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Pericles on the English stage 1900-1984

Stone, David M. (1987)
M.Phil. thesis, University of Birmingham.

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Abstract

This thesis describes British stage productions of Shakespeare's Pericles from 1900 to 1984. It is arranged in eight chapters of broadly chronological sequence but the productions are grouped with regard to their relationship with one another rather than in the exact order in which they were performed.
The productions discussed, are with two exceptions, professional presentations. The exceptions are the two Maddermarket productions (1929 and 1951) which had professional direction but an amateur cast. Two other productions (Prospect 1973, and Cheek by Jowl 1984) toured abroad but were directed and staged in various locations in the United Kingdom. In addition there is in the final chapter a brief discussion of presentations of the play on radio and television.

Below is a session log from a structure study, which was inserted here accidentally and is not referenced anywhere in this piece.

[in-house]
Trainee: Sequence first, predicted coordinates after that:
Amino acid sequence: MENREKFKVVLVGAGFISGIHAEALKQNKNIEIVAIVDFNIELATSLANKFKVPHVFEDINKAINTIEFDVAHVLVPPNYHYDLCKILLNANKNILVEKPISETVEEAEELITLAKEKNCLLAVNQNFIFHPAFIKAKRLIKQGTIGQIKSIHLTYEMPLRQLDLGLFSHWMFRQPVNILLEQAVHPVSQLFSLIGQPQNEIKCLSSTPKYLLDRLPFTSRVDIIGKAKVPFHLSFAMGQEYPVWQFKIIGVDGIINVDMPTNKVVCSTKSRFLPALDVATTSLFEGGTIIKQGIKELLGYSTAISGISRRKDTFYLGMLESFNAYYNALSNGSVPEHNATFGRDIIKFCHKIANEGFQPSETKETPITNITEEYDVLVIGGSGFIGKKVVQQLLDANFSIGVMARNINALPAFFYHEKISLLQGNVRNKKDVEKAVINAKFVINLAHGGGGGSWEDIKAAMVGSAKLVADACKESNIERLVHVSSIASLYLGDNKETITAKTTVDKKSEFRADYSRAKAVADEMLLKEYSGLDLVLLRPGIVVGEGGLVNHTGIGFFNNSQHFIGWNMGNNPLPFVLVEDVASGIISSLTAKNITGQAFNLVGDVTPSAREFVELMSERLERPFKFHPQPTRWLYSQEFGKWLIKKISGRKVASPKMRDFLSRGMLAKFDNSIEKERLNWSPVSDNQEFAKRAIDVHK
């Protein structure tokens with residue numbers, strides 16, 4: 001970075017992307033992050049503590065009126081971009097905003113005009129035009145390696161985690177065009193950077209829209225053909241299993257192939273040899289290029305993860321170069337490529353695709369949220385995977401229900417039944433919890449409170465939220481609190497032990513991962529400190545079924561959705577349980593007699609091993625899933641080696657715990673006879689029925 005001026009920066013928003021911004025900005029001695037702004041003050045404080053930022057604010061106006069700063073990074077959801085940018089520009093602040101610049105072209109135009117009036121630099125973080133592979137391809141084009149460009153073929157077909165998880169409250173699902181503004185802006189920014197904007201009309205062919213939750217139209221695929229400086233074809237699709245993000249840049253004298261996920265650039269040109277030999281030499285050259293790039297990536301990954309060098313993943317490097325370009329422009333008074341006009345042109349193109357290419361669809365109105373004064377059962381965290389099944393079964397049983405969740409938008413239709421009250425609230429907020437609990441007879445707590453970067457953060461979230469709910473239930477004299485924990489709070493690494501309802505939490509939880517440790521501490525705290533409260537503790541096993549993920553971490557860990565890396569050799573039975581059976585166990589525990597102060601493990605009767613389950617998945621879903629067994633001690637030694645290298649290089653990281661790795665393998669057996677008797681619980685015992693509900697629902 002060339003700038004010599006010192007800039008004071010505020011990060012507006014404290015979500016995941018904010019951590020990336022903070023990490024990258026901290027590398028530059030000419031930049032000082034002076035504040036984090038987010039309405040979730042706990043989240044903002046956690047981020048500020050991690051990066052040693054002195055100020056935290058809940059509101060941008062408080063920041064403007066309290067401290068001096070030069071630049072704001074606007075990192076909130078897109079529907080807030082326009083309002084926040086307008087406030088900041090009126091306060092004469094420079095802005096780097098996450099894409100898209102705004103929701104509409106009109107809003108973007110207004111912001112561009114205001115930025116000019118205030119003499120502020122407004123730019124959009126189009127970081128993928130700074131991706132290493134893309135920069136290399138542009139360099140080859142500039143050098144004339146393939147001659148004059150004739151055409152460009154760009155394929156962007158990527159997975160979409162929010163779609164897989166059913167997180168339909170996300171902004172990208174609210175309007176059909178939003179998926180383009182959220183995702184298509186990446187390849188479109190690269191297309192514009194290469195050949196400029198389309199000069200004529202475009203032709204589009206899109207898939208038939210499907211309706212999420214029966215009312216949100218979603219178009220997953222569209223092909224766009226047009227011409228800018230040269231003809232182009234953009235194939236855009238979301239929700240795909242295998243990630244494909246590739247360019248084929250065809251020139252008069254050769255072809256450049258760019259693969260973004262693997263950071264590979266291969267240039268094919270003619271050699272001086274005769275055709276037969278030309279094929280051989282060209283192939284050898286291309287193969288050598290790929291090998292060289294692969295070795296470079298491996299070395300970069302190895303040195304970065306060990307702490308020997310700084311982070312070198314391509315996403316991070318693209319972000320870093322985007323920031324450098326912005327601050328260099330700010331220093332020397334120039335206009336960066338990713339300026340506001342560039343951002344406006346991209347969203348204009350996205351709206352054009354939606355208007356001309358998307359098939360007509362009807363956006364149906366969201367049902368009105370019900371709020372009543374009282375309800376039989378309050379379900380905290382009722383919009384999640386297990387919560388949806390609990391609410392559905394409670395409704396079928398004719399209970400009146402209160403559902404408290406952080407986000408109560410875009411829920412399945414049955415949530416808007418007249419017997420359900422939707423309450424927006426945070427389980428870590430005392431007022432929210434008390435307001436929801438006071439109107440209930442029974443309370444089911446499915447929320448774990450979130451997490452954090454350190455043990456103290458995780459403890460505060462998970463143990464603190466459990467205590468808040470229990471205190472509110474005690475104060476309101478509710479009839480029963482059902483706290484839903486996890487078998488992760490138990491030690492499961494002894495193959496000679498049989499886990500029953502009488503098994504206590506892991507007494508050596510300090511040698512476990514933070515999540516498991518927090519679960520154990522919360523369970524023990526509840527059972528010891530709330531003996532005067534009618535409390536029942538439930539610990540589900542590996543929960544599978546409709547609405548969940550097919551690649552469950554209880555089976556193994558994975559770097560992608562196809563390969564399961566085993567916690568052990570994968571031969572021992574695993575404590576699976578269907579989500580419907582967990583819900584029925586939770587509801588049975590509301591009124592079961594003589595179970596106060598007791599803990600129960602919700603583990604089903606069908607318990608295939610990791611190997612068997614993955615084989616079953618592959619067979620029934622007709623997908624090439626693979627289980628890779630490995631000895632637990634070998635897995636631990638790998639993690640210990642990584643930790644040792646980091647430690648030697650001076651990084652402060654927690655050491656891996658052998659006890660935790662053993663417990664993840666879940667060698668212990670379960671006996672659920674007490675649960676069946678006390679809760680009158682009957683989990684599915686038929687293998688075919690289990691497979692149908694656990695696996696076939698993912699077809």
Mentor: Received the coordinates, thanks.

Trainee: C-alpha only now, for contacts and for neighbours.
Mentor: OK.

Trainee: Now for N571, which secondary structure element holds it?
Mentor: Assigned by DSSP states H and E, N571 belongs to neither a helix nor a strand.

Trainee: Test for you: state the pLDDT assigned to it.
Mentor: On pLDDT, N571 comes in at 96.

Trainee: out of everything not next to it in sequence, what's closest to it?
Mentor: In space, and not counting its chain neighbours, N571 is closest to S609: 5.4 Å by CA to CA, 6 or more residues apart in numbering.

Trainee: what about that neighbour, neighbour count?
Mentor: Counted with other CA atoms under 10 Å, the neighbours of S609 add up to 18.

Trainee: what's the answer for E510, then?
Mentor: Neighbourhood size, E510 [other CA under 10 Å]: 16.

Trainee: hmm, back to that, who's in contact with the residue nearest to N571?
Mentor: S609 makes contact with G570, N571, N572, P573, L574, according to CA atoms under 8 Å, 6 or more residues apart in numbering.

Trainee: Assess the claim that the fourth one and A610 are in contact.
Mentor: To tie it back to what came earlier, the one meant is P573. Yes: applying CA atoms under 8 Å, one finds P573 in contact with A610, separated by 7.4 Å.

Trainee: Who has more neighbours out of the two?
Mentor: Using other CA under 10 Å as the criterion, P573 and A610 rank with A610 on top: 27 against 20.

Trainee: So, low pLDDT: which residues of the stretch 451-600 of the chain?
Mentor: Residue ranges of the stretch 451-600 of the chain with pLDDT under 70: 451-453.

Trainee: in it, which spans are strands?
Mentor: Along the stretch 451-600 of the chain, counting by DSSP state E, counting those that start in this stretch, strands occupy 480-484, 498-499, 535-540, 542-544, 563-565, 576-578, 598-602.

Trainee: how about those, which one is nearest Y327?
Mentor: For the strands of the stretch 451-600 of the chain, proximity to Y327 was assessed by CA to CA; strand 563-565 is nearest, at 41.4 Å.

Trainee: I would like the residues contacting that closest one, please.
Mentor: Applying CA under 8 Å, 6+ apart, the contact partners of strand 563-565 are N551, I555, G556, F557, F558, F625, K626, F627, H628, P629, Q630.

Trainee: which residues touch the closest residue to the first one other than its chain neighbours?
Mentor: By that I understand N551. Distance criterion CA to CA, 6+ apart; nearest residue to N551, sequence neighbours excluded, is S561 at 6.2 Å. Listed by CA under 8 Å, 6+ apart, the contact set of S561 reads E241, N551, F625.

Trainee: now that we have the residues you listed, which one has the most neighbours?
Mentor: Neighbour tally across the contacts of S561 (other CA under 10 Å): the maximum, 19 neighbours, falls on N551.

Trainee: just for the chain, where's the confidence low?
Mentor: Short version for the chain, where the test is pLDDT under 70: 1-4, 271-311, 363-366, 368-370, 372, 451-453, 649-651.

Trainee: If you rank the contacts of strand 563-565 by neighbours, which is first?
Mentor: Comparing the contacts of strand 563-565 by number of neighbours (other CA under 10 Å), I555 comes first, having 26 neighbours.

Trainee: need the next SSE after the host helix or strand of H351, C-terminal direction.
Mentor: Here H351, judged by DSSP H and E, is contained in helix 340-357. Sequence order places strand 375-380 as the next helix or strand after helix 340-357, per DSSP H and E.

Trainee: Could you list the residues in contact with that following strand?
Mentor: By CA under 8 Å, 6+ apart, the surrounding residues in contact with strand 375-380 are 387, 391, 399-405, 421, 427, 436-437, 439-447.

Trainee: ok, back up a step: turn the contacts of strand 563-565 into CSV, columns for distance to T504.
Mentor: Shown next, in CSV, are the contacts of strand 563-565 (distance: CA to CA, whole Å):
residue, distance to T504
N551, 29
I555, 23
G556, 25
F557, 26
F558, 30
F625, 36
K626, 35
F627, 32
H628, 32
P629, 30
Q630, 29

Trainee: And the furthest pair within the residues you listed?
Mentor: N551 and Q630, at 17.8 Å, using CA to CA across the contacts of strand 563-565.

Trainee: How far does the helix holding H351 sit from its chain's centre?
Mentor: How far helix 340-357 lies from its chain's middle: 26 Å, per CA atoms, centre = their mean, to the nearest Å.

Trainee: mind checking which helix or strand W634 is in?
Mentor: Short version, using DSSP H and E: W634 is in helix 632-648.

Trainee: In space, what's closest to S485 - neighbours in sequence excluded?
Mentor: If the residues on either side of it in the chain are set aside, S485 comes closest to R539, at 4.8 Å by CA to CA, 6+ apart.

Prompt books, where available, have been used as a primary source of information. Detailed examination has been made of blocking, stage business, textual alterations and interpolations. The discussion of each production attempts to include, in addition, a balanced assessment derived from reviews and critical appraisal together with information obtained directly from actors and directors.
The aim of this thesis is to provide an account of each production of the play in the present century together with some discussion of their relationship one with another. To the best of my knowledge the productions examined comprise all those presented within the terms of this thesis during the period.

Type of Work:M.Phil. thesis.
School/Faculty:Faculties (to 1997) > Faculty of Arts
Department:Shakespeare Institute
Subjects:PN2000 Dramatic representation. The Theater
PR English literature
Institution:University of Birmingham
ID Code:3147
This unpublished thesis/dissertation is copyright of the author and/or third parties. The intellectual property rights of the author or third parties in respect of this work are as defined by The Copyright Designs and Patents Act 1988 or as modified by any successor legislation. Any use made of information contained in this thesis/dissertation must be in accordance with that legislation and must be properly acknowledged. Further distribution or reproduction in any format is prohibited without the permission of the copyright holder.
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